Thirty two minutes of blissful, tender and emotionally affecting music, designed to be listened to as a single piece, these tracks have been reworked and elaborated over the course of a few years by collaborators Kenny ‘King Creosote’ Anderson and Jon Hopkins and the result is like a life compressed into half an hour, the tears, the joy, the hopes and fears, and the ageing process…
Of course the sense of Scottishness and specifically the Kingdom of Fife, is writ large throughout – the comforting clatter of a church fete tea, sounds of cars and bike wheels, the lot of the east coast sailor and the lilting croon of Mr Anderson, all pieced together with extraordinary care and lightness of touch to make up this suite of achingly personal music.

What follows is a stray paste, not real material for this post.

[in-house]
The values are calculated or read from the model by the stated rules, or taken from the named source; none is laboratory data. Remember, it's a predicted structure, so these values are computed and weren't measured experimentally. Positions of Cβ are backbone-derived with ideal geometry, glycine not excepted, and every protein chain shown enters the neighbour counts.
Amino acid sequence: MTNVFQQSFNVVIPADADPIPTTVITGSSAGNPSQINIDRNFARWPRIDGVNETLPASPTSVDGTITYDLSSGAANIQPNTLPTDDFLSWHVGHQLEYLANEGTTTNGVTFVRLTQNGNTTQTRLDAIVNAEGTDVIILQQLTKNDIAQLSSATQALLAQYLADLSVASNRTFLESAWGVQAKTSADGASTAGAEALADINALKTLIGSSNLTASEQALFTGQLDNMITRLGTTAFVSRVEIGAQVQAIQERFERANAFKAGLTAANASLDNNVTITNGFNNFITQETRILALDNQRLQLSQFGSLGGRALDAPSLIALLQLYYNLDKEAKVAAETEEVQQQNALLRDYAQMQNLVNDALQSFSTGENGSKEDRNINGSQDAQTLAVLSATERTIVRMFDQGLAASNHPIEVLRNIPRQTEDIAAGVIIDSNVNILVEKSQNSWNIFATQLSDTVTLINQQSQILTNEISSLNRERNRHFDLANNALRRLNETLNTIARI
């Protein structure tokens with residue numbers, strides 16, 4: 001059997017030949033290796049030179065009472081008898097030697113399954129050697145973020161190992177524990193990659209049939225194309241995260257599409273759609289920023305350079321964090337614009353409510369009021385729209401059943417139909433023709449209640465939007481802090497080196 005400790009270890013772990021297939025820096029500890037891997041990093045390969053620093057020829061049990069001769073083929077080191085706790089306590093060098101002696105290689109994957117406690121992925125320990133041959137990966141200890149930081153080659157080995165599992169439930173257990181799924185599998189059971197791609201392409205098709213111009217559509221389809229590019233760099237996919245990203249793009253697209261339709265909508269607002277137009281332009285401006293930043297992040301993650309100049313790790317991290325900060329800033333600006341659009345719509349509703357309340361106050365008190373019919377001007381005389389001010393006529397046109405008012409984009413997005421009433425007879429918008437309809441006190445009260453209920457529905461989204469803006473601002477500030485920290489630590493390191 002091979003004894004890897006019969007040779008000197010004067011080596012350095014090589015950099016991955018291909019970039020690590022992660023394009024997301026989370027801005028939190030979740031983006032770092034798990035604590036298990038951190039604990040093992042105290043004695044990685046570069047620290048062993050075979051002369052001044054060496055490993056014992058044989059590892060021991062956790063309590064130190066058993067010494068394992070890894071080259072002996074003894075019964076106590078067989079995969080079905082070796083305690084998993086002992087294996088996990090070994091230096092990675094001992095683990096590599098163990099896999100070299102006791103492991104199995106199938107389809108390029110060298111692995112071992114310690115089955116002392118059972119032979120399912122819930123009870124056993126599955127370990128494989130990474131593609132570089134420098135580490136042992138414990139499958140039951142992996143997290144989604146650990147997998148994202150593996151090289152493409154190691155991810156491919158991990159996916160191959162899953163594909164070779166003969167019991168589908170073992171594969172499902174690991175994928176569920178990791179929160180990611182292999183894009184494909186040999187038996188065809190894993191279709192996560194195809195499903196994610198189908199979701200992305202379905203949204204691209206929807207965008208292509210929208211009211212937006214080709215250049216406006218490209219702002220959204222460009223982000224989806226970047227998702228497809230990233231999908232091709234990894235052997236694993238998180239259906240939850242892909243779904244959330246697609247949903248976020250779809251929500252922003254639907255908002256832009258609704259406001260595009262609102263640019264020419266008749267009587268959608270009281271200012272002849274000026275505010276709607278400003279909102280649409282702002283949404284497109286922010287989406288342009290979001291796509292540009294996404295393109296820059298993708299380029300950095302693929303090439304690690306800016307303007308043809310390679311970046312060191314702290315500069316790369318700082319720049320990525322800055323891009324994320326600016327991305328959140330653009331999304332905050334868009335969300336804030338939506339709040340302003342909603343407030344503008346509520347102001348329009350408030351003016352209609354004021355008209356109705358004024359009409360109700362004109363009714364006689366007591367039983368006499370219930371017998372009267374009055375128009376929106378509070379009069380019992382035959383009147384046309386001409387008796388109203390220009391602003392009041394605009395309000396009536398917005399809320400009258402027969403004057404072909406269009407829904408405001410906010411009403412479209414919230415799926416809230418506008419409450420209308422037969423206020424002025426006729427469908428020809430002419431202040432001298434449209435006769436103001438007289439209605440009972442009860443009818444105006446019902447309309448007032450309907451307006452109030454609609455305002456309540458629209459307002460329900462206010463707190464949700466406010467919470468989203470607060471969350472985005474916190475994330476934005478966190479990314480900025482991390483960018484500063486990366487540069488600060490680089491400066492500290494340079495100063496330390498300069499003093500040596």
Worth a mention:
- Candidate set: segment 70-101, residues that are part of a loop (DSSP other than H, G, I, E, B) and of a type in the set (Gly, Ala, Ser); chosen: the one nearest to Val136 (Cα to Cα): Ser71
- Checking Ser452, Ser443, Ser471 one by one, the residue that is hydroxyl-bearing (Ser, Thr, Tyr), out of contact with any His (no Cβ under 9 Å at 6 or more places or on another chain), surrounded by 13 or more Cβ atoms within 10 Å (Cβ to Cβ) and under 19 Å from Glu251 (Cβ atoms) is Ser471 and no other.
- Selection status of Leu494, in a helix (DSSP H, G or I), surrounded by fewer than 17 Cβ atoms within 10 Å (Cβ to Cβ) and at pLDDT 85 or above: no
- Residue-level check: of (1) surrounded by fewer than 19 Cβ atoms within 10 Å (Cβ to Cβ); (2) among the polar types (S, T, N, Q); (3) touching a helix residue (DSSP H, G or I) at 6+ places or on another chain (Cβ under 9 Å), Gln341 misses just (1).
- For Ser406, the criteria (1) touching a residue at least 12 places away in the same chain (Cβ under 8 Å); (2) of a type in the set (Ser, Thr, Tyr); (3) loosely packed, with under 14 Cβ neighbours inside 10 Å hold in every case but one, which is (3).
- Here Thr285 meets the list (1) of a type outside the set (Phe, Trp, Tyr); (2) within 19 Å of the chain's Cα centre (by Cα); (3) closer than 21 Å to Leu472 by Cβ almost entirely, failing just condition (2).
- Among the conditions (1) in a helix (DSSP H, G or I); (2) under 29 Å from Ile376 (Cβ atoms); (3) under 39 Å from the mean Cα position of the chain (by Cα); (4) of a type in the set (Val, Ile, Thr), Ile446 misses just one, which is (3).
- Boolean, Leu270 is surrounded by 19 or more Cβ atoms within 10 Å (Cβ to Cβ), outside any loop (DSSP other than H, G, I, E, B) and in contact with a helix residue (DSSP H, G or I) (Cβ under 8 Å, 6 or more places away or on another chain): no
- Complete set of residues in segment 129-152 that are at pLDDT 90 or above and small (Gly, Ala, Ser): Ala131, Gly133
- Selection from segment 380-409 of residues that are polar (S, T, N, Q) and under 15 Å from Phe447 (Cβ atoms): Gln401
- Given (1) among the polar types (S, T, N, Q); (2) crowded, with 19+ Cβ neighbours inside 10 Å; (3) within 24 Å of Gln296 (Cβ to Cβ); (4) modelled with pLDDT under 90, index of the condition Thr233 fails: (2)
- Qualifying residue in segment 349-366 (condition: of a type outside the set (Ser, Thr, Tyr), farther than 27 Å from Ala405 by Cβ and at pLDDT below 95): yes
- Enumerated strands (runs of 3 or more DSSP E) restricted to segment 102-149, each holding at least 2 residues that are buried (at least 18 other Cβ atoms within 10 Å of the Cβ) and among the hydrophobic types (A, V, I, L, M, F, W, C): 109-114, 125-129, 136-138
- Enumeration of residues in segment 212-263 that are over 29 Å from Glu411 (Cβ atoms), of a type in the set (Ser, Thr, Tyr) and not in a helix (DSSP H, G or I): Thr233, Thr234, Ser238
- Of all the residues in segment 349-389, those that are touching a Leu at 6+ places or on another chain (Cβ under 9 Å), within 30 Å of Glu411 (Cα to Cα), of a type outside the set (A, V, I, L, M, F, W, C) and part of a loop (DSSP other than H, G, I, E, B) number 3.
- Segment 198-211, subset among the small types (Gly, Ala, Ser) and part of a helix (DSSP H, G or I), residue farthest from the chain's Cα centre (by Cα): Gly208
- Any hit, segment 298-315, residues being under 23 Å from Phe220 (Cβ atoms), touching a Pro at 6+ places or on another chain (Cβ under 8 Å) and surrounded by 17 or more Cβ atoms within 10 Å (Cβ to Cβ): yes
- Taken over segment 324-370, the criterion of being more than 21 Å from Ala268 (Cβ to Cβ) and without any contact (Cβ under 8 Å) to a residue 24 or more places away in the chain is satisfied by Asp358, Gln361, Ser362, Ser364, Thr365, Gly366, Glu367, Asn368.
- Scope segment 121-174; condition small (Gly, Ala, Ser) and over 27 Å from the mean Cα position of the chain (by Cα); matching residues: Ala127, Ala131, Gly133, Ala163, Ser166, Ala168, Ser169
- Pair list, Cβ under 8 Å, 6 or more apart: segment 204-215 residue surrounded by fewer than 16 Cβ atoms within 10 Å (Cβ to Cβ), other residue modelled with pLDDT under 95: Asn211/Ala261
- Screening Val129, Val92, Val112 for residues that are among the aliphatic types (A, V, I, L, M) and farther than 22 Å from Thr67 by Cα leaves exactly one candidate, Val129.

Its true there is such a lightness here in the playing and singing (Lisa Lindley-Jones additional vocals are extraordinarily beautiful), and in the delicate arrangements, that it is easy to overlook the deeper emotions contained in some tracks.
The superlative Bats in the Attic manages to be both wistful and sad about growing older; “Growing silver in my sideburns, I’ve started to unravel” and yet contain a suppressed sense of rage; “…such a waste of all that we have, Such a waste of all that I am”. Though the closer Your Young Voice just repeats the words “It’s your young voice that’s keeping me holding on To my dull life, to my dull life”, and sung about his daughter, it feels both poignant and confessional.
Mr Anderson has been a prolific producer of music, the anchor for the Fence Collective itself the source of much excellent music, but he can never have produced more emotionally charged, sublime music than on this all to brief album. It is rare indeed that music brings such a lump to the throat and tear to the eye.